That position, a form of which was argued by state lawyers in their briefs, is unsupported by common sense or Mississippi's history with DNA testing. Lawyers for the Mississippi Innocence Project, which as it often does has filed a brief urging DNA testing in this case, told the state justices late last week:

[O]f the seven people in Mississippi exonerated by DNA testing after being convicted and imprisoned. ... none were exonerated simply because their DNA was absent from the crime scene; they were exonerated because in each case the true perpetrator left their DNA at the crime scene. In six of those cases the true perpetrator was identified by the DNA testing and subsequent comparisons or DNA database searches, and in five cases the real perpetrator was charged with the crime after the wrongly convicted persons were exonerated.

That is what is at stake here; no more, no less. By testing the DNA evidence still available, Mississippi could achieve two goals at the same time -- resolving Manning's claims and, if those claims are valid, finding a person responsible for the crime. The state's justices may be in no mood to listen to the Innocence Project, but if they are they will hear something insightful about the way these cases unfold. "Simply put," the Innocence Project argued this week, "just because it's hard to imagine a scenario where DNA testing could exonerate Willie Manning doesn't mean there isn't one."

The same arguments, not incidentally, can be made about Manning's request, in recent court pleadings, to have "expert analysis and comparison of fingerprints found in the victim's car. Although the Crime Lab ruled out Manning as the source of the prints, it did not compare the prints found in the car to prints in any major database." The state says that this testing should not be done because Manning waited too long to ask for it and because there is no reason to believe that the "person who left those fingerprints is the real killer."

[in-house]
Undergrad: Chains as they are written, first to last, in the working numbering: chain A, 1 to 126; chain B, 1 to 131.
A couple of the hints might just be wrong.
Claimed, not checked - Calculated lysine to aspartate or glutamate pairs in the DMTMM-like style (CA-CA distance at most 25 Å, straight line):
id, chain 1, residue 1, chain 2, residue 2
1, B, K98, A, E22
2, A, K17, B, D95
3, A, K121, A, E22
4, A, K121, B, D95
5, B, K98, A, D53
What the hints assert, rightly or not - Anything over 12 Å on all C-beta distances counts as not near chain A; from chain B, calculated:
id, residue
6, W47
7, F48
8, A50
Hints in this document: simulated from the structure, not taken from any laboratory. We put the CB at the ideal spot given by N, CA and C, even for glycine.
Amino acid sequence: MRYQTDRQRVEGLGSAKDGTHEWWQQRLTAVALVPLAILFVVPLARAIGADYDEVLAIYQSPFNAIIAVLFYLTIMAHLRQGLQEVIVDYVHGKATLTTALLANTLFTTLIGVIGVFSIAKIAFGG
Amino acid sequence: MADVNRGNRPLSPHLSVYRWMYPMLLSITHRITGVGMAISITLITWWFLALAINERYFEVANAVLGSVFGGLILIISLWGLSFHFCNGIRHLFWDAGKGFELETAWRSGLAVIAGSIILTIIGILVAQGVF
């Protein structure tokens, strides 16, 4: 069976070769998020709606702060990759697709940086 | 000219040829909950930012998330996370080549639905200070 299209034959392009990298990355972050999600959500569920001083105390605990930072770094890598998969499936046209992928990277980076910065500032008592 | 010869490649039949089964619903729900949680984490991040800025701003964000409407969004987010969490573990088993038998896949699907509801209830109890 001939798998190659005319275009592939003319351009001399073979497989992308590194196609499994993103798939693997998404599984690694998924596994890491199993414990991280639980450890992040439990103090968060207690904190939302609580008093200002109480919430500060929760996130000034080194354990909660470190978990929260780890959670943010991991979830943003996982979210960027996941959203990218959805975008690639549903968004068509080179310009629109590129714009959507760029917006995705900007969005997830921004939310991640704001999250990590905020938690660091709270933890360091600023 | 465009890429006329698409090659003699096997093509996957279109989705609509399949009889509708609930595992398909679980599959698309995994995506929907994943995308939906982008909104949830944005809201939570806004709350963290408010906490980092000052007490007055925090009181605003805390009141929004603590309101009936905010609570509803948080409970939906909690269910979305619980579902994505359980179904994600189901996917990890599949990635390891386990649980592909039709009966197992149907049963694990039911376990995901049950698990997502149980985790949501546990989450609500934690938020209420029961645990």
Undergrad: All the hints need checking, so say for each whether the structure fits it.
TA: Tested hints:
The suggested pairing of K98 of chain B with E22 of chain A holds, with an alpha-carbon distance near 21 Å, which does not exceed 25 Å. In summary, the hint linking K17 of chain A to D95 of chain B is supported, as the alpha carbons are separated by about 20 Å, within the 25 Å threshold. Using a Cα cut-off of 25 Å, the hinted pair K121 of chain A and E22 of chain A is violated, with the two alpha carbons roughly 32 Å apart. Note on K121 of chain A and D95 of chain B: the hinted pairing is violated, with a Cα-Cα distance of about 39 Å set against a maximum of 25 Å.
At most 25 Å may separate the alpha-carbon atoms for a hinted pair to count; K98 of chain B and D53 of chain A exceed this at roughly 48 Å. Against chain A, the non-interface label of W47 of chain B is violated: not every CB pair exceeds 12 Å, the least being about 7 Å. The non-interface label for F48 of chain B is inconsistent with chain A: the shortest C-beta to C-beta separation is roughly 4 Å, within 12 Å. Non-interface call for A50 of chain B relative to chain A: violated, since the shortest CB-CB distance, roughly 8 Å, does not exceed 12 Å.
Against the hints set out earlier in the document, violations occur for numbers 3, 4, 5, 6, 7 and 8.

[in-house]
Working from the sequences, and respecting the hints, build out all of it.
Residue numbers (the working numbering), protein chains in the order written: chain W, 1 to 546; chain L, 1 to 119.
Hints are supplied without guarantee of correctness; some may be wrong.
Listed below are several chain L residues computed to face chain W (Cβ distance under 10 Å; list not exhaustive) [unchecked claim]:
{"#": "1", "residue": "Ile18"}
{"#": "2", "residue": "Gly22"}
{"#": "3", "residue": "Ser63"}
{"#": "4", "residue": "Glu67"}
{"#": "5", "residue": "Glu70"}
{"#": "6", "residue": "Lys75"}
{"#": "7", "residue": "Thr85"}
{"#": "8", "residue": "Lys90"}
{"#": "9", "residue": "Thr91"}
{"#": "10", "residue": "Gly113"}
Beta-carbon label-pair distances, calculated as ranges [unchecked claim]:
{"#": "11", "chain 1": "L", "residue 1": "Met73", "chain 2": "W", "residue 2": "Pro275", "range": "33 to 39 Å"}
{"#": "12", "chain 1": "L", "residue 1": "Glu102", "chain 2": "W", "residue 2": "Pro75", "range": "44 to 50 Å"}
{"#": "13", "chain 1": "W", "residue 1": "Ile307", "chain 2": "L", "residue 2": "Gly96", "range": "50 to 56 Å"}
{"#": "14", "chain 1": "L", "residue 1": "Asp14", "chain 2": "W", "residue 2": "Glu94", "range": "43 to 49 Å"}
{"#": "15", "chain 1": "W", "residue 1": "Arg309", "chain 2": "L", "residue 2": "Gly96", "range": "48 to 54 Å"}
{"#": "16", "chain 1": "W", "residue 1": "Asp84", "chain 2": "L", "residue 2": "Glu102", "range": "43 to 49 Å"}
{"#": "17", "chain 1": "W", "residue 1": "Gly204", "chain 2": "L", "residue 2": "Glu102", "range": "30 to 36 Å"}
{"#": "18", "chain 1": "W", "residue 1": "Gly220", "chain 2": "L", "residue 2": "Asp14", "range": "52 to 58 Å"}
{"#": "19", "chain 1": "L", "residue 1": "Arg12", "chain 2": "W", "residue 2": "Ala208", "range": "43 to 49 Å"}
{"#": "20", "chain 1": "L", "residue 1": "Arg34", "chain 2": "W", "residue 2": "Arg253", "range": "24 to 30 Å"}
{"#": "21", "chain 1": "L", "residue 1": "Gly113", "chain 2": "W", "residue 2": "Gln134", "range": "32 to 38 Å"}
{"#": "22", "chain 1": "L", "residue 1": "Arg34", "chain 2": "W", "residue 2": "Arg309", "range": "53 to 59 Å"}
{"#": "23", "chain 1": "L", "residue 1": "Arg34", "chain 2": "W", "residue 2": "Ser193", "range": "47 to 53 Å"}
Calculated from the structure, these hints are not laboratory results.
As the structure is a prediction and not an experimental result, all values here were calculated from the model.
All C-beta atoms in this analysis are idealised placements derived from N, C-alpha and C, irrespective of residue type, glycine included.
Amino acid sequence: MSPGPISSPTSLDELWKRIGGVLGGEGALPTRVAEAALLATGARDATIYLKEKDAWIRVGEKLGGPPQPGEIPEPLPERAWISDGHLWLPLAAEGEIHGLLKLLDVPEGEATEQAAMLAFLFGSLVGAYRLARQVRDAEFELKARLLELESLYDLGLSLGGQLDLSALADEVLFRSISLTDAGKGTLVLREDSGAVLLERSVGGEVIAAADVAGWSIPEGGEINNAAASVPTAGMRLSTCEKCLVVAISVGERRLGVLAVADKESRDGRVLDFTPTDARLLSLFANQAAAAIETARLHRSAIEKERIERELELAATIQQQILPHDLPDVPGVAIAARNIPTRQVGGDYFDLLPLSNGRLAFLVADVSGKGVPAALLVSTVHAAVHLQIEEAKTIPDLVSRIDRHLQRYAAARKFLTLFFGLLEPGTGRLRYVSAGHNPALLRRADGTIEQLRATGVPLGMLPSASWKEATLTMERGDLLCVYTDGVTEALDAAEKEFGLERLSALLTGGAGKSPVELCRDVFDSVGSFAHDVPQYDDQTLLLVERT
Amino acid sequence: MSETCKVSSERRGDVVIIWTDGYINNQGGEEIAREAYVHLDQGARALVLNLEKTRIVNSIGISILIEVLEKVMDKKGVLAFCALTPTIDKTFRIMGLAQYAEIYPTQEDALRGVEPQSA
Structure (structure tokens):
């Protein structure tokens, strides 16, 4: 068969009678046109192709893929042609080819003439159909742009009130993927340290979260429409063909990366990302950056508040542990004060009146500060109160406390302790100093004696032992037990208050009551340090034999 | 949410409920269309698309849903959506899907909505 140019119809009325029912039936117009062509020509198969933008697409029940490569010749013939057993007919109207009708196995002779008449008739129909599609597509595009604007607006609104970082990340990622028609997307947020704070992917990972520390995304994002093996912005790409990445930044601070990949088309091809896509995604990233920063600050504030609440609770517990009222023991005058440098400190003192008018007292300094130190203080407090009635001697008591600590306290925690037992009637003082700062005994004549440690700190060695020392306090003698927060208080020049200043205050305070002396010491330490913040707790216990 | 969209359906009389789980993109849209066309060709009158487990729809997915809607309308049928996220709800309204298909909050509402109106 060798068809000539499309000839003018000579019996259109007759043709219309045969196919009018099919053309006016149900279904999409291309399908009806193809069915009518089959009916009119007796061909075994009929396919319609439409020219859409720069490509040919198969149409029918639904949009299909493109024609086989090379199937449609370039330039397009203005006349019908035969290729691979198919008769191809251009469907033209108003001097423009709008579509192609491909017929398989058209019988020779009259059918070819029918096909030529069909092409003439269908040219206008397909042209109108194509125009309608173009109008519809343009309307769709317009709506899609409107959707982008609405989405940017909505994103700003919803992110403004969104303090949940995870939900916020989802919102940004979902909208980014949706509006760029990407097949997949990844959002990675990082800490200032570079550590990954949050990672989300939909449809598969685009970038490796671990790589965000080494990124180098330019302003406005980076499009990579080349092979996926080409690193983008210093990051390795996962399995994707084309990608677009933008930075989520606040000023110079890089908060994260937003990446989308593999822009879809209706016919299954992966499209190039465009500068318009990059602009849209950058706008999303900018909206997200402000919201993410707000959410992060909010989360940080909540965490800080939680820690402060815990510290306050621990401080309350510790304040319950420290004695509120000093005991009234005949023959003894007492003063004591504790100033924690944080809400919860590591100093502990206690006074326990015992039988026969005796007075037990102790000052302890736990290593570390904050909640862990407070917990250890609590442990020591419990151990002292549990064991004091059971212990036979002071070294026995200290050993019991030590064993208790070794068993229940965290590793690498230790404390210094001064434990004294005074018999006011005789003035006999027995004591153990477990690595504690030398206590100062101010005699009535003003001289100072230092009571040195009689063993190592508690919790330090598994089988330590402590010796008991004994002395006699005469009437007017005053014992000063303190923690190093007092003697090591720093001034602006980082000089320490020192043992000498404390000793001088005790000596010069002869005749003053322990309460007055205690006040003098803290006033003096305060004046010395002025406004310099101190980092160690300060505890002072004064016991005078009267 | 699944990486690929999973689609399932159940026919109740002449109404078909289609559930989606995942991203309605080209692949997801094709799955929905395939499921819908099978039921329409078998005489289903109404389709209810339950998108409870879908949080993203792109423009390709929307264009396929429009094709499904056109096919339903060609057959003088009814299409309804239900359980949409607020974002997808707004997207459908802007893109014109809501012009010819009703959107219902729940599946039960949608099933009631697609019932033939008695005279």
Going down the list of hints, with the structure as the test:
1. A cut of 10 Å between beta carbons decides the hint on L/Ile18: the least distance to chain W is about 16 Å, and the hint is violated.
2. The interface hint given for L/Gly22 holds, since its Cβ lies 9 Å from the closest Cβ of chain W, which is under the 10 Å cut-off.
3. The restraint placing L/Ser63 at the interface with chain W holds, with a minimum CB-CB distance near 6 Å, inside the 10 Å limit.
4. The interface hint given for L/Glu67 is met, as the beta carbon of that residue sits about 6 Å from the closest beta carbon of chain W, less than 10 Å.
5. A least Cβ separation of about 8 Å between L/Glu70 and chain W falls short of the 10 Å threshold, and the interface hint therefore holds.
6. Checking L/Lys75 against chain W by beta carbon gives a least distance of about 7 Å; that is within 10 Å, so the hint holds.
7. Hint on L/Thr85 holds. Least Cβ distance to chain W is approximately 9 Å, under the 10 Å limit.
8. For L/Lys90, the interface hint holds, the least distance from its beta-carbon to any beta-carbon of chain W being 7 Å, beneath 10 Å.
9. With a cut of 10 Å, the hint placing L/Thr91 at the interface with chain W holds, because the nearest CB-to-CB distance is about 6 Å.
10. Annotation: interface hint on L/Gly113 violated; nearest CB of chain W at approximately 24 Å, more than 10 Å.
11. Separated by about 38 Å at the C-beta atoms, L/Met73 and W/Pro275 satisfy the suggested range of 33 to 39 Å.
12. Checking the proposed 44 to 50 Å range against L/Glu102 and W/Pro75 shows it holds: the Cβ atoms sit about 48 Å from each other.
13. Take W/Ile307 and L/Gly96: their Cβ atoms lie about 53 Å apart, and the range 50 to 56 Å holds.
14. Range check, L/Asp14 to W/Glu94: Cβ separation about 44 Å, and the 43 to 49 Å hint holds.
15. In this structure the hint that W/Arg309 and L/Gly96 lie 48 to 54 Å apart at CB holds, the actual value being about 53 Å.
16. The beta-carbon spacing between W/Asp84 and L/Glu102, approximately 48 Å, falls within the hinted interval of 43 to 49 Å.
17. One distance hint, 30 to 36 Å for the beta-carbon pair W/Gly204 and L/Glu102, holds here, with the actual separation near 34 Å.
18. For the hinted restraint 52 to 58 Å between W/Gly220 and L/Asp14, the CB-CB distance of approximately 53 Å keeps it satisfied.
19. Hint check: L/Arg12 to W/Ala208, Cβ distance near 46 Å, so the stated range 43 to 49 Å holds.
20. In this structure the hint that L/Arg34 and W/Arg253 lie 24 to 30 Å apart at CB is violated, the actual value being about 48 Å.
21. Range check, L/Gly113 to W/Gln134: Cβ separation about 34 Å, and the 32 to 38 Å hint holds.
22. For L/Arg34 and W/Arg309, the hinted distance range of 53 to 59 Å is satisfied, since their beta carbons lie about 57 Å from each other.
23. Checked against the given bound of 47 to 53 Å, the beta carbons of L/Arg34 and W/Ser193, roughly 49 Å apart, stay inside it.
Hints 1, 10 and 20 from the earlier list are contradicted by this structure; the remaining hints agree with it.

Four Mississippi justices dissented from the decision to proceed with Manning's execution. One of them, Justice James W. Kitchens, a Mississippian through and through, wrote that he would have permitted this testing:

The victims' families and the public at large deserve to know whether another, or an additional perpetrator was involved. If such a person can be identified, he or she should be prosecuted. Further examination of the fingerprints and biological evidence in this case could help achieve that end and/or significantly reinforce the basis for Manning's conviction.

Interests far beyond Manning's are at stake, and whatever the potential harm the denial seeks to assert is surely outweighed by the benefits of ensuring justice by the scientific analysis of all of the trace evidence that the authorities were able to collect from on or about the victims' bodies. Unless and until that is done, the investigation of these horrible crimes will remain incomplete.

The Witnesses Against Manning

There is the saga of Earl Jordan, the quintessential jailhouse informant. At trial, he was quick to tell jurors that Manning had told him that he, Manning, was the one who shot the two white victims. Surely that was enough to convict Manning and sentence him to death. But Jordan now says that Manning "never said he killed them." And on at least two other occasions, Manning's lawyers claim, Jordan lied under oath at trial. "Were you lying then, Mr. Jordan, or are you lying now?" is a question no one will ever ask this informant if the federal courts don't stop this execution.

And then there is the saga of Paula Hathorn. She incriminated Manning at trial but lied to jurors, Manning's lawyer say, when she understated the nature of pending criminal charges against her and denied getting help from prosecutors in exchange for her testimony. What she did do, Manning's lawyers allege, is try to incriminate Manning by asking him a series of leading questions which were secretly recorded by officials. Mississippi officials did not disclose the existence of these tapes to defense attorneys. That's not uncommon. The question you need to ask is whether you are going to countenance this kind of behavior in a capital case.

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Andrew Cohen is a contributing editor at The Atlantic. He is a legal analyst for 60 Minutes and CBS Radio News, and a fellow at the Brennan Center for Justice.